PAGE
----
In this work, the frost damage test up to 50 cycles was performed on six different limestone types used as building and construction materials to assess their long-term durability by the mathematical decay function approach. The model gives two important properties such as decay constant (λ) and half-life (N1/2) to estimate the integrity loss or deterioration rate of rocks under frost damage conditions. Therefore, these significant parameters save a lot of time and provide important practical features to assess fast long-term durability. The mathematical model showed response of all the studied different rock samples to frost-weathering process. The parameters of the decay function model obtained are in good accuracy to estimate the disintegration rate of studied rocks, and hence, there is no need to carry out the artificial frost-weathering test which is slow and consumes a lot of time, and this is suitable for rocks of the same type especially which were extracted from the same areas because of its near physical and mechanical characteristics. Some of studied rocks have the same half-life values but indicating different petrographical, physical, and mechanical characteristics, and hence, there is no clear relation between mechanical strength parameters and half-life values. In this work, we can also conclude that half-life has no purposeful pattern according to the type of rock. On the contrary, the rock type itself cannot give any index or clue for the long-term durability of rock samples used here under frost damage process. This model also confirmed that the disintegration rate was higher with unconfined compressive strength and point load index strength compared with that resulting from Schmidt rebound of studied rocks under frost damage conditions.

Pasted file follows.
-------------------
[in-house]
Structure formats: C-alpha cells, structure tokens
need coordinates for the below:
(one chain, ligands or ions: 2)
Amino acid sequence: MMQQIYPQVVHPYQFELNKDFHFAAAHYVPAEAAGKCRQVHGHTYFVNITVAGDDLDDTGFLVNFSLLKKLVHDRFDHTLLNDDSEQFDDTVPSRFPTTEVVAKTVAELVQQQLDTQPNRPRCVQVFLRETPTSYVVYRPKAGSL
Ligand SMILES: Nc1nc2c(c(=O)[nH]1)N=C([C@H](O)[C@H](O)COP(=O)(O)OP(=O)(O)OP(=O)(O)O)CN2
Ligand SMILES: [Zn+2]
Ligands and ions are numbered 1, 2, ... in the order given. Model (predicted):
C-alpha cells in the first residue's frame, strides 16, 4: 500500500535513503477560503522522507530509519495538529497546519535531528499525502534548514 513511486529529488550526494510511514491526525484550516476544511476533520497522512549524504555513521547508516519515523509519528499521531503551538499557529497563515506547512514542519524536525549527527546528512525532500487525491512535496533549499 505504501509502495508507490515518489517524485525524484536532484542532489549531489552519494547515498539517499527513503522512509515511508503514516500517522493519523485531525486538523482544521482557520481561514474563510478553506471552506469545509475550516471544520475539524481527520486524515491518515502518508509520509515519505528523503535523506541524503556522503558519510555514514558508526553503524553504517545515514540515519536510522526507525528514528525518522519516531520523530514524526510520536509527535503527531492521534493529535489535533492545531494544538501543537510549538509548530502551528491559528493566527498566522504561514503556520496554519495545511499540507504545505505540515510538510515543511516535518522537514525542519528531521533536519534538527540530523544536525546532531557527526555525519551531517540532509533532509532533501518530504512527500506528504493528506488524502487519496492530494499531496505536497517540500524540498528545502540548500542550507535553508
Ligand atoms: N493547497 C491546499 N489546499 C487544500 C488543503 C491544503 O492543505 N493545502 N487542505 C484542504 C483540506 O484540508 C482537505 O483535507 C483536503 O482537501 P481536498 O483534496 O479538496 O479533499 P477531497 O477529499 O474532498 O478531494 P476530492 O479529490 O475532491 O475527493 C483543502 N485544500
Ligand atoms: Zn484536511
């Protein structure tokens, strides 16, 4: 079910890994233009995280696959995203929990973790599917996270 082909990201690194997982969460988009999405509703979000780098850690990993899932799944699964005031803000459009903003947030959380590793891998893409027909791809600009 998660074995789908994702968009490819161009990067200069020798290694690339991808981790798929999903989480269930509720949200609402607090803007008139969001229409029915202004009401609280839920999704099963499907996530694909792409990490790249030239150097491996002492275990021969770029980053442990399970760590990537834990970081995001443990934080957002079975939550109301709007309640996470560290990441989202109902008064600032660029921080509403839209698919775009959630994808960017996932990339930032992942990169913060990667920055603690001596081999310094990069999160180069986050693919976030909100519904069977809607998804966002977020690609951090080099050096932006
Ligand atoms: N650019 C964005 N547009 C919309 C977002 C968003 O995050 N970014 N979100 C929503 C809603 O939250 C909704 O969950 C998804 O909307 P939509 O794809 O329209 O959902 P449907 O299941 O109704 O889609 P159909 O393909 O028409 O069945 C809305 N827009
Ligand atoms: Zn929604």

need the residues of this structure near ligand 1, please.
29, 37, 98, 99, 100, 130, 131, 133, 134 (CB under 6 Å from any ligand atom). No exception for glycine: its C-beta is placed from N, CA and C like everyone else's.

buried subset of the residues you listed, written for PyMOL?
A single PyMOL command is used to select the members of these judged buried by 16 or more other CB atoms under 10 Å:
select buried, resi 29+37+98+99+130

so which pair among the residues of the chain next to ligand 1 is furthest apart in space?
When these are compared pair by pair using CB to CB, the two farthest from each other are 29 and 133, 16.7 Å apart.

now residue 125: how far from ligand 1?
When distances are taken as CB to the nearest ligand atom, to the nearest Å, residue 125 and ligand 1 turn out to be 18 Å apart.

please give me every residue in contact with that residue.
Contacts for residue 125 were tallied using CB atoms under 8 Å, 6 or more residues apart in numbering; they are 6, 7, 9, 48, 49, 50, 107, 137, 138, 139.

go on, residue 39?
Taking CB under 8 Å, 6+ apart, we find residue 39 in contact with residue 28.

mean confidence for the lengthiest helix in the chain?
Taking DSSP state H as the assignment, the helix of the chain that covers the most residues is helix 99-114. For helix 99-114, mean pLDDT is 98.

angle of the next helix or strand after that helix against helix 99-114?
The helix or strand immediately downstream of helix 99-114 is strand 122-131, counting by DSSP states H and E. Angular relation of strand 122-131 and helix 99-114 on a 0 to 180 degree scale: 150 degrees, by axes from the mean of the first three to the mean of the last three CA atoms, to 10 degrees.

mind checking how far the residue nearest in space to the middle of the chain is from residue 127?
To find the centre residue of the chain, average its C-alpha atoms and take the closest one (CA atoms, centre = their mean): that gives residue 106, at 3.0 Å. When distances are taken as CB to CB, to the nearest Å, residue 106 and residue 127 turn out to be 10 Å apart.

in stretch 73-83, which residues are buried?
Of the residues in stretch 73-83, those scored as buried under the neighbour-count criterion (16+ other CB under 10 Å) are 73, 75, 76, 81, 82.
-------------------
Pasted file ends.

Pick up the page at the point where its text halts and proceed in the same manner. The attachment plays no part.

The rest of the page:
This work has important progress on the durability properties of carbonate building materials such as limestone and innovates a paradigm for the next researches for the prediction of integrity loss or disintegration rate of the rocks due to frost damage process by using numerical modeling technique (mathematical decay function approach) which saves a lot of time, and hence, there is no need to carry out the frost test which is slow and consumes the time. However, to obtain more significant results in the prediction of the deterioration rate of natural rocks used as building stones and construction materials under frost damage process, the future studies should use different rock origins under different environmental conditions and establish another model with different tests.
The data used to support the findings of this study are included within the article.
Conflicts of Interest
The authors declare that there are no conflicts of interest regarding the publication of this paper.
This work was supported by the National Key R&D Plan under Grant nos. 2018YFC0808405 and 2018YFC0604401 and the Natural Science Foundation of China under Grant no. 51774220.